While the U.S. Federal Reserve holds its cautious course toward higher interest rates, European central bankers have doubled down on ultra-low interest rates in the form of negative interest rates. We recently spoke with Christian Noyer, honorary governor of the Banque de France, to get his thoughts on these extraordinary monetary measures, whether negative interest rates and quantitative easing are compatible, and whether central bank actions that may work in theory will work in practice.
Q: Most people are confused by terms such as negative interest rates and quantitative easing. What are negative interest rates, and how are they different from quantitative easing?
A: Negative interest rates and quantitative easing (QE) have similar objectives, but they operate in very different ways. Both aim to reduce the cost of risk and the time value of money.
Negative interest rates mean that central banks charge a fee on overnight deposits at the central bank. When they eventually lend with a discount to commercial banks, the principal is reduced when the refinancing loan matures. In the case of the Eurosystem, this applies in particular to commercial banks’ excess reserves. QE refers to the practice by which central banks purchase longer-term assets in private markets in order to reduce their supply, raise asset prices, and lower yields all along the yield curve below prevailing market rates.
Q: I think we are already pretty familiar with QE. Negative interest rates are harder to wrap one’s head around. Can you say more about how negative interest rates actually work?
A: Negative interest rates can be administered as actual fees — the European Central Bank (ECB) charges European banks 0.4 percent on excess reserves, for example. They can be imposed on securities by issuing the principal with a premium. Their aim is not only to lower short-term interest rates further but also to suppress short maturity bond yields and push banks to lend.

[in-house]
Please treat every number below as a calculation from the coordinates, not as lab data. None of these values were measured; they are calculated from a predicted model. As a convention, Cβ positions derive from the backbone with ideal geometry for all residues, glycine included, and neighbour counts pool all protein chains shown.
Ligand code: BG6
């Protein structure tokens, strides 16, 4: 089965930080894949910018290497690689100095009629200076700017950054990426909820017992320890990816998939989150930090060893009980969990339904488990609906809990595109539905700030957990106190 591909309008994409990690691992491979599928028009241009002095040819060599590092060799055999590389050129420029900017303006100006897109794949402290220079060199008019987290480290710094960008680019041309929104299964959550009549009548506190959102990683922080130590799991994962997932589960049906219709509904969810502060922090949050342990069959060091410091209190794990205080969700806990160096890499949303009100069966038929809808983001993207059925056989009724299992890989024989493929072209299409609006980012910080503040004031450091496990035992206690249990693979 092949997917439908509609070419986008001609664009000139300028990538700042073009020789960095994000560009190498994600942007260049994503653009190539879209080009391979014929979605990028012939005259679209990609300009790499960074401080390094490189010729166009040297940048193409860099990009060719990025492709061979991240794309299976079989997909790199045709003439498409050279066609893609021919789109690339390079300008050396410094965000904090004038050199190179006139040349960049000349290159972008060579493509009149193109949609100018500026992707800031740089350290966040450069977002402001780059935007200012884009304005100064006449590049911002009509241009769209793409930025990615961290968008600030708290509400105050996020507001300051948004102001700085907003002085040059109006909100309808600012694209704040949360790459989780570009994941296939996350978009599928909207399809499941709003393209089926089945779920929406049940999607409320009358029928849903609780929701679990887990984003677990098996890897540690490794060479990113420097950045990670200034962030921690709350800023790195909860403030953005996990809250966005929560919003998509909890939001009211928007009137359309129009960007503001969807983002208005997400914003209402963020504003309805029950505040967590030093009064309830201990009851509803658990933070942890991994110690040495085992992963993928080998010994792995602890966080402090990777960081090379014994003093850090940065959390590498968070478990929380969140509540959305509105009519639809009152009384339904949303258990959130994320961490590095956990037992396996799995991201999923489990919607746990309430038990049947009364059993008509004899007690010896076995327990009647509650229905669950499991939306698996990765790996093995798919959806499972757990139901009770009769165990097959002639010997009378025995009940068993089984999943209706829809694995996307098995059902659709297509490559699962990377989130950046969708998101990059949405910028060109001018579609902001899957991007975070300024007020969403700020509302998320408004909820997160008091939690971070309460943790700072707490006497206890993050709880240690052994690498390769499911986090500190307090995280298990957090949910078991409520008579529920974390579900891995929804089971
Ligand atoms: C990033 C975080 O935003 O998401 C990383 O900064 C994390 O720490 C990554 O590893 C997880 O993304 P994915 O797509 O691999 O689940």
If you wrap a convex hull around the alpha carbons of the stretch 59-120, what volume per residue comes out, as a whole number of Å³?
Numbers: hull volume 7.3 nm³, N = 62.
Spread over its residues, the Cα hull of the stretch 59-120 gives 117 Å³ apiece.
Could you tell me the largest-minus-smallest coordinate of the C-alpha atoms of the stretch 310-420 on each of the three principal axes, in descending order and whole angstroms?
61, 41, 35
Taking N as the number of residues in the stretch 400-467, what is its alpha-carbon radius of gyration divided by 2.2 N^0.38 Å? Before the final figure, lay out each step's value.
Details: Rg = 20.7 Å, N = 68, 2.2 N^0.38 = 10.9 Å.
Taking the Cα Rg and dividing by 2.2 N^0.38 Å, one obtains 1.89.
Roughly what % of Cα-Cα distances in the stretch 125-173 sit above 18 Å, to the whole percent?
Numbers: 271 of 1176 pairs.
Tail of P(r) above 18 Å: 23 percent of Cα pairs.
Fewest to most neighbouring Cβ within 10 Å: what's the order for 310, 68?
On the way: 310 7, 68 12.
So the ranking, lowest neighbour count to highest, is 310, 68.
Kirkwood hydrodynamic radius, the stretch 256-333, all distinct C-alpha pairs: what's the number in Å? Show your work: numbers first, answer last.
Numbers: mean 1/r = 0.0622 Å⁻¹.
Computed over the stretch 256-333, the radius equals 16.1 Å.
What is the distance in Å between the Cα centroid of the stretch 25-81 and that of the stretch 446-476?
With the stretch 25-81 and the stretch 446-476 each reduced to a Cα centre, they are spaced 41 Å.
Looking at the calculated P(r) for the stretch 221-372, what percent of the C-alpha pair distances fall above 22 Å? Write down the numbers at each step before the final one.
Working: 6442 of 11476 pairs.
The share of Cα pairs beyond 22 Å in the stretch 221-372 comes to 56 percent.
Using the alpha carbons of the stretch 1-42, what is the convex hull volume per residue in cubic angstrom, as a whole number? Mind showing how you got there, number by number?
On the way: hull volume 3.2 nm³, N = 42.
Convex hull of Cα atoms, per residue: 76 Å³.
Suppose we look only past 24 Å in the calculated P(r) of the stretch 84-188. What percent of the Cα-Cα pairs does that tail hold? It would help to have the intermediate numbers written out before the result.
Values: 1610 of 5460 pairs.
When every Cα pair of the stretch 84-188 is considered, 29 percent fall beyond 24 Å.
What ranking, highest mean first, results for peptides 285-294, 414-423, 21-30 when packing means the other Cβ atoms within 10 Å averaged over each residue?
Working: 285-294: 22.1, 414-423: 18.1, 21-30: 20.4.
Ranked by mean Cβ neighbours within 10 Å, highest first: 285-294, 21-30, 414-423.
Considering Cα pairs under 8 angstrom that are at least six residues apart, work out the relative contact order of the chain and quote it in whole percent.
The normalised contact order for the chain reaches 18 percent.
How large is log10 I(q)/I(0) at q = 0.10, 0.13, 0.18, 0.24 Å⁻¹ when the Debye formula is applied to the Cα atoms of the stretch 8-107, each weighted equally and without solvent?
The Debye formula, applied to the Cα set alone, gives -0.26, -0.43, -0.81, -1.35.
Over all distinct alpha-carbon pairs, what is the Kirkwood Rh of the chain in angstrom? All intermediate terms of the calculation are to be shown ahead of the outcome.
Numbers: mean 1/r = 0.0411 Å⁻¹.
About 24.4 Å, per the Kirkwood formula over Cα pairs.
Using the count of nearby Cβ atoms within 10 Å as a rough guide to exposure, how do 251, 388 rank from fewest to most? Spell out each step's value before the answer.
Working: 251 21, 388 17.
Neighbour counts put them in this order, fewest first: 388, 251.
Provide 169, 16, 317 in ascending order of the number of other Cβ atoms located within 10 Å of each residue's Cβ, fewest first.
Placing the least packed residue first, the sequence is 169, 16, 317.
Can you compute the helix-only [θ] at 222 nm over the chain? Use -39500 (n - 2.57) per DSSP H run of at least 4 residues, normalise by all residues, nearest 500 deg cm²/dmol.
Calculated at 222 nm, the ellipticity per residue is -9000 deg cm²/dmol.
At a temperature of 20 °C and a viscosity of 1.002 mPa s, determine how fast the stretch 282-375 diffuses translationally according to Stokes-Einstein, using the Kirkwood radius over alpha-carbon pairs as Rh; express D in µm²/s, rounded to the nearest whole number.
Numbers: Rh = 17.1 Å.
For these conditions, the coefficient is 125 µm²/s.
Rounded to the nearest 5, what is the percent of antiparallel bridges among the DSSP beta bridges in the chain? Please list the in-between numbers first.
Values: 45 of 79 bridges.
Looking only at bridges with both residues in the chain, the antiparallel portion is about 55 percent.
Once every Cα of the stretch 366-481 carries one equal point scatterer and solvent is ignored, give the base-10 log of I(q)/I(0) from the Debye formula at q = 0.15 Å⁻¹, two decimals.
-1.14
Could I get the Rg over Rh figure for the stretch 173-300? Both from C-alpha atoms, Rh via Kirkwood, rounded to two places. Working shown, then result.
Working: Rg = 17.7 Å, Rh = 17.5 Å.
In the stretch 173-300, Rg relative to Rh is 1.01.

Q: These policy innovations don’t seem to have had much effect. How are negative interest rates working with QE?
A: In a sense, they are working against each other. QE creates excess liquidity that goes to the central bank in the form of excess reserves. When the central bank charges for excess reserves, commercial banks have to pay the costs. If they increase lending, that very action further increases deposits as borrowers deposit their loan proceeds before they draw them down. If banks do what the central bank wants them to, they end up with more reserves and more costs.
Q: What options do banks have?
A: They can pass these costs on to depositors by charging them fees to hold their money. In principle, households would then be encouraged to spend and corporations to invest.
In practice, things don’t work like that. There is competition between banks. Banks can’t risk losing a massive amount of deposits. They need deposits for long-term funding. There are also regulatory reasons. Banks need to keep deposits in order to satisfy the liquidity regulatory requirements.
Banks can pass the cost on to the borrowers by increasing credit spreads. In this way, they tighten credit conditions, which is exactly the opposite of what the monetary authorities want.